Based on arrays containing as many as 20,000 zinc oxide nanowires in each nanogenerator, the devices can produce up to 1.2 volts of output voltage, and are fabricated with a chemical process designed to facilitate low-cost manufacture on flexible substrates. Tests done with nearly one thousand nanogenerators – which have no mechanical moving parts – showed that they can be operated over time without loss of generating capacity.
Details of the improved nanogenerator and self-powered nanosensors were scheduled to be reported March 28 in the journal Nature Nanotechnology. The research was supported by the National Science Foundation, the Defense Advanced Research Projects Agency, and the U.S. Department of Energy.
“We have demonstrated a robust way to harvest energy and use it for powering nanometer-scale sensors,” said Zhong Lin Wang, a Regents professor in the School of Materials Science and Engineering at the Georgia Institute of Technology. “We now have a technology roadmap for scaling these nanogenerators up to make truly practical applications.”
For the past five years, Wang’s research team has been developing nanoscale generators that use the piezoelectric effect – which produces electrical charges when wires made from zinc oxide are subjected to strain. The strain can be produced by simply flexing the wires, and current from many wires can be constructively combined to power small devices. The research effort has recently focused on increasing the amount of current and voltage generated and on making the devices more robust.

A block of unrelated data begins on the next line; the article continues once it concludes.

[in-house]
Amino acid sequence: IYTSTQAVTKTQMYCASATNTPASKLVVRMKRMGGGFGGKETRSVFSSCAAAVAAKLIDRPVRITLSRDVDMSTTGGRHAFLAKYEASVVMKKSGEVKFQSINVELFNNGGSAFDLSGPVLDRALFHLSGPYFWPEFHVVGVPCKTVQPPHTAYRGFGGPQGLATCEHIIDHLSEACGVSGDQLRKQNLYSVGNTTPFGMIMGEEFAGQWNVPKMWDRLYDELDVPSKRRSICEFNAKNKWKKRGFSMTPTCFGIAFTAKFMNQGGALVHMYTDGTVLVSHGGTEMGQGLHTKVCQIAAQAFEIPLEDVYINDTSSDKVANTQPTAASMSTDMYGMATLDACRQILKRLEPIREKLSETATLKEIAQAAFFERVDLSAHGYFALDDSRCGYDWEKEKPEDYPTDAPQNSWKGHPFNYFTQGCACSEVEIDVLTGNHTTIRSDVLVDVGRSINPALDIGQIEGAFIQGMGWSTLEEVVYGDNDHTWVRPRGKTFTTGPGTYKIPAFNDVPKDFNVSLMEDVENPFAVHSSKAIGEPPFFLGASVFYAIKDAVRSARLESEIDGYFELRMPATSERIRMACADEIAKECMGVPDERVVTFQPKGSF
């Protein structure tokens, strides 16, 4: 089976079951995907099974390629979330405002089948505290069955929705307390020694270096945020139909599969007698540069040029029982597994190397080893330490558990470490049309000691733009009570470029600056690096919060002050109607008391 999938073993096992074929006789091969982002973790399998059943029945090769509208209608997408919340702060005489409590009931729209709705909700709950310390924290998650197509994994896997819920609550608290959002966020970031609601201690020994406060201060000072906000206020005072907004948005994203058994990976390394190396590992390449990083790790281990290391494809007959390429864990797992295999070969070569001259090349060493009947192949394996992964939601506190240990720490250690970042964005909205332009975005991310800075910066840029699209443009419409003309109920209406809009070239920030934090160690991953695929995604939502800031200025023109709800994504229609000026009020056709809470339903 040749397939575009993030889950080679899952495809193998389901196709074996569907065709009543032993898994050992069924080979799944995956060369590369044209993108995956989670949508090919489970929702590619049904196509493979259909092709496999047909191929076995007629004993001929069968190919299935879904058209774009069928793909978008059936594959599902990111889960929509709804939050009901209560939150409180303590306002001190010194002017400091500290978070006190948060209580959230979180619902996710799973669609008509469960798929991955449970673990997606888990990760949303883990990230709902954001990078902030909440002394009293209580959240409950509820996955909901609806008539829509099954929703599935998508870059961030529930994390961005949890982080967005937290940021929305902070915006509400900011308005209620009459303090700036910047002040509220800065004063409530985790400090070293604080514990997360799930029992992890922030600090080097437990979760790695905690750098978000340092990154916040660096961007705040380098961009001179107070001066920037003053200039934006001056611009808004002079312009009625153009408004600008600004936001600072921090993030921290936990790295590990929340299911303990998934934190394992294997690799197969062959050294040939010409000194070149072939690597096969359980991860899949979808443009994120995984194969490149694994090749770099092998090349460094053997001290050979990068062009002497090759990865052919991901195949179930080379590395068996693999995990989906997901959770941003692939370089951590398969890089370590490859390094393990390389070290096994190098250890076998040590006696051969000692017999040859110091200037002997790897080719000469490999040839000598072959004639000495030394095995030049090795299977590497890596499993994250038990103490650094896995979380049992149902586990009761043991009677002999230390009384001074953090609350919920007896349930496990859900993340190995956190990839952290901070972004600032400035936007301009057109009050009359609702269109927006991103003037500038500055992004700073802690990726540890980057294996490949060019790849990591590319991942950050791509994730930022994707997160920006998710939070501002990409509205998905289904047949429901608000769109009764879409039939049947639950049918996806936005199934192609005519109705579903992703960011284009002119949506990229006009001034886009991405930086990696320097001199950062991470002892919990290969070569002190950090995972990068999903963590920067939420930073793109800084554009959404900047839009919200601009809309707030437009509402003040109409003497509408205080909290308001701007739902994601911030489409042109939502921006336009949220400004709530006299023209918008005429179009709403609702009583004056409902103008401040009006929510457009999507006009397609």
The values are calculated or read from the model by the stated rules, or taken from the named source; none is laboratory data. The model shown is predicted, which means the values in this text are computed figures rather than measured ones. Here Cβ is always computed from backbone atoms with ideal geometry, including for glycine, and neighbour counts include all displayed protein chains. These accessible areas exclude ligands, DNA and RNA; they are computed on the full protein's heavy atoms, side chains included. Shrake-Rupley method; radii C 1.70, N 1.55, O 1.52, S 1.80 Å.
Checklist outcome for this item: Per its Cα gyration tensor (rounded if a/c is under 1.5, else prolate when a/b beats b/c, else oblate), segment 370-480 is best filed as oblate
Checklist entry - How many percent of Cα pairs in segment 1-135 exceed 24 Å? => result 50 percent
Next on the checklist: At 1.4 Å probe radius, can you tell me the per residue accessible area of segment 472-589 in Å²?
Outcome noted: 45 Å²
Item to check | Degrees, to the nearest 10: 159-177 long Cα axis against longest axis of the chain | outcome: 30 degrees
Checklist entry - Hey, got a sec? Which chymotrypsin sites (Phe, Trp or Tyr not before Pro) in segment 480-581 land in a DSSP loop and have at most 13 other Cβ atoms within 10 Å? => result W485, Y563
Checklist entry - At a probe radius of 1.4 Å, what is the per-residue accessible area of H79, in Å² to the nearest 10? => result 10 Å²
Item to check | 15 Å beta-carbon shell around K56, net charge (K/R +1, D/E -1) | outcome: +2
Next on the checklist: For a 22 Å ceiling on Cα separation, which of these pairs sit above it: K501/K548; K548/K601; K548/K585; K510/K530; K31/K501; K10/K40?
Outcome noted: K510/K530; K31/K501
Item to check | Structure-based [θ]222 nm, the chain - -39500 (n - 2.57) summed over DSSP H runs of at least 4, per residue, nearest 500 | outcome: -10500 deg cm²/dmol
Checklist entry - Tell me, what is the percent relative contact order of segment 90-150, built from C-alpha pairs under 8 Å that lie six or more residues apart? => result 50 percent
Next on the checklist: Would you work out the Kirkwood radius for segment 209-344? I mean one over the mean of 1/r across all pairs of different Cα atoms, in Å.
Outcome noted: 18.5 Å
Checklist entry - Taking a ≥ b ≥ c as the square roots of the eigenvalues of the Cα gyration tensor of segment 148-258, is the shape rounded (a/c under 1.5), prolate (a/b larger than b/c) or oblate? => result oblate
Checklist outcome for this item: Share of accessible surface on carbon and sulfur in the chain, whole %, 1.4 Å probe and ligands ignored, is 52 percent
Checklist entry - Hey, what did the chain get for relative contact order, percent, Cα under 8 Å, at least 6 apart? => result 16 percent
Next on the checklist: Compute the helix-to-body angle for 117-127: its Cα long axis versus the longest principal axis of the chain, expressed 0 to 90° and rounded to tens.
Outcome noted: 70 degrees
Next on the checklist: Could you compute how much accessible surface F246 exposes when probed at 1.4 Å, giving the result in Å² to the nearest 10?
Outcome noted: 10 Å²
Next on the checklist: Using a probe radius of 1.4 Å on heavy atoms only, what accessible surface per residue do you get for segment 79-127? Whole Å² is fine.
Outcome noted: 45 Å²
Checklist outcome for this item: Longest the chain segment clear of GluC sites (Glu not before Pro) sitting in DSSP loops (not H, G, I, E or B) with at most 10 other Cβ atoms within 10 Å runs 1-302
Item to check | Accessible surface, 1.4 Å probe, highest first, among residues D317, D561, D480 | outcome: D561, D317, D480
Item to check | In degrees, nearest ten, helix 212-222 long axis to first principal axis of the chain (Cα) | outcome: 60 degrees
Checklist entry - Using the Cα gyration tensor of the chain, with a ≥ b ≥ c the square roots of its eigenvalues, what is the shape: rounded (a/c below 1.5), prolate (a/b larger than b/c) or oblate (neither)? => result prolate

In the paper, Wang and collaborators report on a new configuration for the nanowires that embeds both ends of the tiny structures in a polymer substrate. The wires can then generate current as they are compressed in a flexible nanogenerator enclosure, eliminating the contact with a metallic electrode that was required in earlier devices. Because the generators are completely enclosed, they can be used in a variety of environments.
“We can now grow the wires chemically on substrates that are foldable and flexible and the processing can now be done at substrate temperatures of less than 100 degrees Celsius – about the temperature of coffee,” explained Wang. “That will allow lower cost fabrication and growth on just about any substrate.”
The nanogenerators are produced using a multi-step process that includes fabrication of electrodes that provide both Ohmic and Shottky contacts for the nanowires. The arrays can be grown both vertically and laterally. To maximize current and voltage, the growth and assembly requires alignment of crystalline growth, as well as the synchronization of charging and discharging cycles.
Production of vertical nanogenerators begins with growing zinc oxide nanowires on a gold-coated surface using a wet chemical method. A layer of polymethyl-methacrylate is then spun-coated onto the nanowires, covering them from top to bottom. Oxygen plasma etching is then performed, leaving clean tips on which a piece of silicon wafer coated with platinum is placed. The coated silicon provides a Shottky barrier, which is essential for maintaining electrical current flow.
The alternating current output of the nanogenerators depends on the amount of strain applied. “At a strain rate of less than two percent per second, we can produce output voltage of 1.2 volts,” said Wang. “The power output is matched with the external load.”
Lateral nanogenerators integrating 700 rows of zinc oxide nanowires produced a peak voltage of 1.26 volts at a strain of 0.19 percent. In a separate nanogenerator, vertical integration of three layers of zinc oxide nanowire arrays produced a peak power density of 2.7 milliwatts per cubic centimeter.